​Where entrepreneurship is thriving: prison

The issue of consumer choice inside a maximum-security prison may seem like a non-issue. After all, the prisoners are there to pay for their crimes in a stripped-down environment that eschews personal choice.

Yet even in such a rigidly controlled environment, from what types of clothes prisoners wear to when they wake up in the morning, inmates are finding ways to meet their needs through entrepreneurial ventures, according to a new study from Ronald Paul Hill and Michael Capella of the Villanova School of Business and Justine Rapp at the University of San Diego and published in the Journal of Public Policy & Marketing.

Not all of these ventures are healthy or legal, with some prisoners resorting to supplying drugs, alcohol or even junk food to other inmates. But others are providing essential services ranging from haircutting and writing letters to providing simple medical care, the authors found.

The prison system strips away inmates' identities and choices for a number of reasons, such as removing traces of their pre-prison lives and ensuring safety for both those inside and outside the prison, Hill told CBS MoneyWatch. That the inmates respond by creating entrepreneurial businesses raises questions about prison reform, what it means to be human, as well as marketing practices in general, he said.

"It's a real testament to the human will," Hill said. "There are a couple of reasons [prisoners] go to the jailhouse merchants. One, it's to get things they couldn't get, and there are products they would consider contraband, but it's interesting that it doesn't dominate it. What dominates it more are simple things like the ability to have a calzone or a cheesesteak, to have some food when you want it rather than when someone tells you to eat it. To be treated like a customer."

He added, "It's an exertion of your humanness."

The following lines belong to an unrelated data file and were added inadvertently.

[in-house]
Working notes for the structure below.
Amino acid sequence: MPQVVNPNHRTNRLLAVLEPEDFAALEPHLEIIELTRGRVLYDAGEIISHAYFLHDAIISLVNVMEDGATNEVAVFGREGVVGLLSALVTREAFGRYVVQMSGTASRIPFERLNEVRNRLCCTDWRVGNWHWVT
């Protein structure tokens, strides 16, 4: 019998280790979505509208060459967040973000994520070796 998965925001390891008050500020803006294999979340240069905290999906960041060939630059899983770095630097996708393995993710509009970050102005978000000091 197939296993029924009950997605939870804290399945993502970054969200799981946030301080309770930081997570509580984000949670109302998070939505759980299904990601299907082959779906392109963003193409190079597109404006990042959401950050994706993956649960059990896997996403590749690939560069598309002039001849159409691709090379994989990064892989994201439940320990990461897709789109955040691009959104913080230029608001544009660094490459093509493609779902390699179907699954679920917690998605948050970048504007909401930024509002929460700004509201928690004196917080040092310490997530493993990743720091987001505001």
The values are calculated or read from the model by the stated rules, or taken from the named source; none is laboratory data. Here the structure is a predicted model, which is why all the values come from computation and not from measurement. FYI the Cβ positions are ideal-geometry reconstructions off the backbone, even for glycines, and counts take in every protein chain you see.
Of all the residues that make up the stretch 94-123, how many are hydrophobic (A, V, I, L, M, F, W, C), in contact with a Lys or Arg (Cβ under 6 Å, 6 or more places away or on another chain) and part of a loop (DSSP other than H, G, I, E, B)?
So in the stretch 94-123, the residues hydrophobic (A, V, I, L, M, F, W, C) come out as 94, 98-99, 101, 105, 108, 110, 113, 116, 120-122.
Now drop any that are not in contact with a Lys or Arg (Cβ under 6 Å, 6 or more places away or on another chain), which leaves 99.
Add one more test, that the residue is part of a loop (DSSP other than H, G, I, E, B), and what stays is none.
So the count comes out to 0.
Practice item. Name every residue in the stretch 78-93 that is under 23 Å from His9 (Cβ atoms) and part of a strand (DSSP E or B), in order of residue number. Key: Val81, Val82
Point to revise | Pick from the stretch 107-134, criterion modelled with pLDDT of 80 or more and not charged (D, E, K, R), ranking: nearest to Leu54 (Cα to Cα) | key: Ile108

Hill spent about four years working with inmates at one maximum security prison, which he's given the pseudonym Gramercy in order to protect the identities of the prisoners. The research furthered his interest in studying issues related to consumer choice in restricted environments and among poor populations.

For this particular study, Hill worked with inmates over an 18-month period on learning about "participatory action" research, an approach that involves community participation in data collection and analysis. Thirty-five inmates recorded their own impressions of the market system within the prison, and then interviewed 350 of their fellow inmates about living in a system with severely restricted consumption.

"The goal of these efforts was to develop a comprehensive understanding of restrictions experienced by the inmates, with a deeper level analysis on consequences across the incarcerated population," the study noted. "It is important to recognize that the men did not discount their crimes or society's right to seek retribution."

The maximum-security prison houses about 4,000 men with an average age of 47. About half are black, 38 percent are white and 11 percent are Hispanic, with the remainder listed as other. The mean reading level is below the 8th grade, and more than 40 percent lack a high school degree or a GED. Most of the participants in Hill's study were sentenced to life terms between their 14th to 19th birthdays, with many of the sentences due to murder convictions.